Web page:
Latest edition of Historical Records of Australian Science out now

February 25, 2021
Map showing the approximate route taken by the Hann expedition, 26 June to 12 November 1872. Map prepared by Claire Burton, Cairns Regional Council and published in Historical Records of Australian Science.

An article in the latest edition of the Academy’s journal, Historical Records of Australian Science, caught the attention of media due to its unusual author–subject relationship.

The authors of A re-examination of William Hann’s Northern Expedition of 1872 to Cape York Peninsula, Queensland are both related to the original expeditioners, with Peter Illingworth Taylor descended from the geologist, Norman Taylor, and Nicole Huxley from the Indigenous translator, Jerry. Together these authors model a new kind of co-production in settler and Indigenous Australian science history and their article attracted media interest from the time of its publication ‘online early’ at the end of November 2020.

Of the seven historical articles in the latest issue of the journal, three are part of a collection on the history of archaeology in Australia and the Pacific, coordinated by Dr Hilary Howes. They will be included, together with some from the previous issue, and one yet to come, in a ‘virtual issue’ that will be published in association with a significant event in this field of research.

The other historical articles in this issue cover a range of personal, technological and organisational histories. The first of these is about some developments of inorganic chemistry in Australia in the middle of the 20th century, written by an author with substantial knowledge of the field. The second is about the international astronomy conference held in Sydney in 2003 and follows the author’s account of a similar conference held in 1973 that was published in the last issue. The final one is an account of the interactions of CSIR (forerunner of CSIRO) with Australian industry, being the third from the study of the organisation’s history by a group at Swinburne University.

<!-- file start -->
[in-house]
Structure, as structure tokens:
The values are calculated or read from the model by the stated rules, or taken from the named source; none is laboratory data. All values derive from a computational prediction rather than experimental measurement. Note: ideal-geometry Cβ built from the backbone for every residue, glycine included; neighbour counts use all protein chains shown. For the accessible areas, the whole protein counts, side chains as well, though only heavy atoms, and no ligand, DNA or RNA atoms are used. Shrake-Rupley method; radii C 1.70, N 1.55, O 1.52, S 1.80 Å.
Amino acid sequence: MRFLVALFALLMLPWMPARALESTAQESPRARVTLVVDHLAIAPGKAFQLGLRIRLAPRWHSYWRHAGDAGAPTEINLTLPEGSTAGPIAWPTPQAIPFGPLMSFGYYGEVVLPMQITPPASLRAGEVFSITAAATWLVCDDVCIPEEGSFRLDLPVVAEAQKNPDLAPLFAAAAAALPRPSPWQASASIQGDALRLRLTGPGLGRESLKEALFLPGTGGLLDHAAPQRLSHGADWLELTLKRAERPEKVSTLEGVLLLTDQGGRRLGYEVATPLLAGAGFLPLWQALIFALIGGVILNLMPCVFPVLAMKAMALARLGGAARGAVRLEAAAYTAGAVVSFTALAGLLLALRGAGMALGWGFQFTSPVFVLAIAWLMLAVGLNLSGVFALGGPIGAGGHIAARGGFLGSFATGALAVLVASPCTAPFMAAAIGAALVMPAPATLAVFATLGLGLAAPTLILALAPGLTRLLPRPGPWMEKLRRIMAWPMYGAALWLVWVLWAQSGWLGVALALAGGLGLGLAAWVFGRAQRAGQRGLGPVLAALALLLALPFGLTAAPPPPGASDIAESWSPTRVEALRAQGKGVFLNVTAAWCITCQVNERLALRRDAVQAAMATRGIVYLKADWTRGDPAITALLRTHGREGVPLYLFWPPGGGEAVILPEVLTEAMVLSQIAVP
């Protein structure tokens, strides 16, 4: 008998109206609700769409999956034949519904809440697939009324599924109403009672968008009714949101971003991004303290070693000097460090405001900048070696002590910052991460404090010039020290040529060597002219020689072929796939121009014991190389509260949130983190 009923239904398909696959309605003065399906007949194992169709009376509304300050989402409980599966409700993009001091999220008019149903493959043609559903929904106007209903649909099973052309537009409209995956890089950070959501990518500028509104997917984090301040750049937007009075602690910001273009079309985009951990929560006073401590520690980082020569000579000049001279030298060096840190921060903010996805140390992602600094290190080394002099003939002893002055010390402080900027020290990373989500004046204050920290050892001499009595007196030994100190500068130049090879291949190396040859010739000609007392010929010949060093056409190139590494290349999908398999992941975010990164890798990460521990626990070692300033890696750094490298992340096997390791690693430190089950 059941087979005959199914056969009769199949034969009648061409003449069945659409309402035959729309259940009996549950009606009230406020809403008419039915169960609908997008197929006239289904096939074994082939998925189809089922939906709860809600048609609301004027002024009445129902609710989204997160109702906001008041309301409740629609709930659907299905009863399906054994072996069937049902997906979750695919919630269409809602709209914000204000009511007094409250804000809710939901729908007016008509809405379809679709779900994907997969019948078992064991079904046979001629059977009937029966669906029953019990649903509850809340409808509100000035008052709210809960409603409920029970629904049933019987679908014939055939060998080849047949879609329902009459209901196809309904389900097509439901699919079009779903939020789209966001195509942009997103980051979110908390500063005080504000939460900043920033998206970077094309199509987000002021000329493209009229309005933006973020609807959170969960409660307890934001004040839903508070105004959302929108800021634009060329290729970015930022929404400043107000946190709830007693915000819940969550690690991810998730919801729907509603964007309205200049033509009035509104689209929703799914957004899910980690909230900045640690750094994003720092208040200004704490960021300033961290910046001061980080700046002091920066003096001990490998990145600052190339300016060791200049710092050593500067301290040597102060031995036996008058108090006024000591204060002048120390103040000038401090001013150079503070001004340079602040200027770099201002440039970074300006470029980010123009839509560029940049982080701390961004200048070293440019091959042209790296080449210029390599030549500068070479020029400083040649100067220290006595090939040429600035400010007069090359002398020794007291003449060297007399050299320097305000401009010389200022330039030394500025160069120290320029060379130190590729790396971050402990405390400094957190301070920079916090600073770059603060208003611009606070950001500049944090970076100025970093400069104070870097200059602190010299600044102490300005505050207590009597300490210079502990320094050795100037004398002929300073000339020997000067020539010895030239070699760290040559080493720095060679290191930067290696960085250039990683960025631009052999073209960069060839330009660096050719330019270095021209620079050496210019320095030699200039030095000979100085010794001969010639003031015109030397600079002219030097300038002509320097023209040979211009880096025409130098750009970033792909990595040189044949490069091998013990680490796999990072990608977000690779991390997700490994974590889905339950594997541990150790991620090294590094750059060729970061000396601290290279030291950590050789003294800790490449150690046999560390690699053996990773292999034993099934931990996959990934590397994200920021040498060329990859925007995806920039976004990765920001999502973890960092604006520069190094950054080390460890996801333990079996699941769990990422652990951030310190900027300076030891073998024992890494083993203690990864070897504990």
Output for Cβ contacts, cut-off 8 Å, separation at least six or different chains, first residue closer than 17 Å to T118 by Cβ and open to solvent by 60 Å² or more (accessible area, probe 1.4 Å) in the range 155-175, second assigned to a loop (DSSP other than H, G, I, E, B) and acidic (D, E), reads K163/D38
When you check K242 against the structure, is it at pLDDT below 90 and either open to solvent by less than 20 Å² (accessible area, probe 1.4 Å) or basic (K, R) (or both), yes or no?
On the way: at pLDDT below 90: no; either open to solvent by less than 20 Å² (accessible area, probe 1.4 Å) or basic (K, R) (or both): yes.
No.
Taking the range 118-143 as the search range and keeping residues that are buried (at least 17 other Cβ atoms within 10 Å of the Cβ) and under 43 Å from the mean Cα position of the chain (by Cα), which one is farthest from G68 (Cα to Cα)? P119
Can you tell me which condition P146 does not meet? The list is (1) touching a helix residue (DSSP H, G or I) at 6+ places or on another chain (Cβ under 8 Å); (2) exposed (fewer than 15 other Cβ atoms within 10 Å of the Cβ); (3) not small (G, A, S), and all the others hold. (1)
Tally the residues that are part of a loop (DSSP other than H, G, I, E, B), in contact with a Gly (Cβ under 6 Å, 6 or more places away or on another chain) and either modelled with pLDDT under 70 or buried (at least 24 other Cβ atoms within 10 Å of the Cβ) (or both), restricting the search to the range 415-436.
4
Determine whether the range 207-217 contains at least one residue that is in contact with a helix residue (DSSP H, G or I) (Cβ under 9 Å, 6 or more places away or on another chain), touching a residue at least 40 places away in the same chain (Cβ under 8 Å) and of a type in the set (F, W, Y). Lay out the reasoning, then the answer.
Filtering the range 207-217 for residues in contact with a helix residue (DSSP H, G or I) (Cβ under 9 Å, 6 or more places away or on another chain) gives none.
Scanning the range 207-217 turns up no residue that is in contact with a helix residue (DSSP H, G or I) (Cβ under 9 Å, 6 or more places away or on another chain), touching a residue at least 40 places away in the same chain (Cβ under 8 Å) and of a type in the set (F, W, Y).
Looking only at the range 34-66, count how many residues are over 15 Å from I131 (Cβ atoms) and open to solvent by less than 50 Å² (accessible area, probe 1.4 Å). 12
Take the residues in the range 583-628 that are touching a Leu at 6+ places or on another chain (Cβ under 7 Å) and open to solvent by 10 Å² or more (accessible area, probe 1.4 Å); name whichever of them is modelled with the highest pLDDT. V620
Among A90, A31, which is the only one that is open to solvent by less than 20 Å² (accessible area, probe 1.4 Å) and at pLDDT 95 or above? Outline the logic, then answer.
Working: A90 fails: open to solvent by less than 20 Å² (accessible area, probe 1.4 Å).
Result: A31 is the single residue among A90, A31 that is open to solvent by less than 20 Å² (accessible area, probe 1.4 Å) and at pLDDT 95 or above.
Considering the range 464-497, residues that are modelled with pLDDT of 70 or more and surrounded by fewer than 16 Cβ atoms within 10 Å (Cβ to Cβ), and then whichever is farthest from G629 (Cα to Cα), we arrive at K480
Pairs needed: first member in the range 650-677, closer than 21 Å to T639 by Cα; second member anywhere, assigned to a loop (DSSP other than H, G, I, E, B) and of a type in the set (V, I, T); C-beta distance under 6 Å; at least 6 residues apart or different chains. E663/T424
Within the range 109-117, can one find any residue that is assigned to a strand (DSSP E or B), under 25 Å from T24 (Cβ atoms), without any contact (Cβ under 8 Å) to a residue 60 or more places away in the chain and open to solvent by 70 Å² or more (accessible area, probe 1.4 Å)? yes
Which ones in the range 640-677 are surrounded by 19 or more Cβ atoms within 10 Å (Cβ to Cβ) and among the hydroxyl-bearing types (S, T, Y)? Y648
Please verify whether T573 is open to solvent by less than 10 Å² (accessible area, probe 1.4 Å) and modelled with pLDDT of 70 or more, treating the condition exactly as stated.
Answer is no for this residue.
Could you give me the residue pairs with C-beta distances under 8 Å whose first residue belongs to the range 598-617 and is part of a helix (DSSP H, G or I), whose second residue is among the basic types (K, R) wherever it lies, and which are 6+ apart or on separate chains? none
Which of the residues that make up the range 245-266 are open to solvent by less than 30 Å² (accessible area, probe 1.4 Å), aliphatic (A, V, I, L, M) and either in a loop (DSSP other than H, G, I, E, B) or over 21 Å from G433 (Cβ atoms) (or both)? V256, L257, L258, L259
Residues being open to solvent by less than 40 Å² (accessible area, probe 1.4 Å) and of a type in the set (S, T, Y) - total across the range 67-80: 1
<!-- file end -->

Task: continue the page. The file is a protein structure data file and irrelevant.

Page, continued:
The bibliography of history of Australian science covers the 12 months to September 2020 and containing 295 entries, while the book review section has 10 incisive and informative reviews. These two sections add substantially to the value that readers of history of Australian science can find in the journal.

The publication of biographical memoirs of deceased Fellows of the academy is a key activity of the journal, but preparation of a memoir is a major task for writers and this issue is the first for a very long time that does not include a biographical memoir. There is expected to be memoirs in the next issue, in July.

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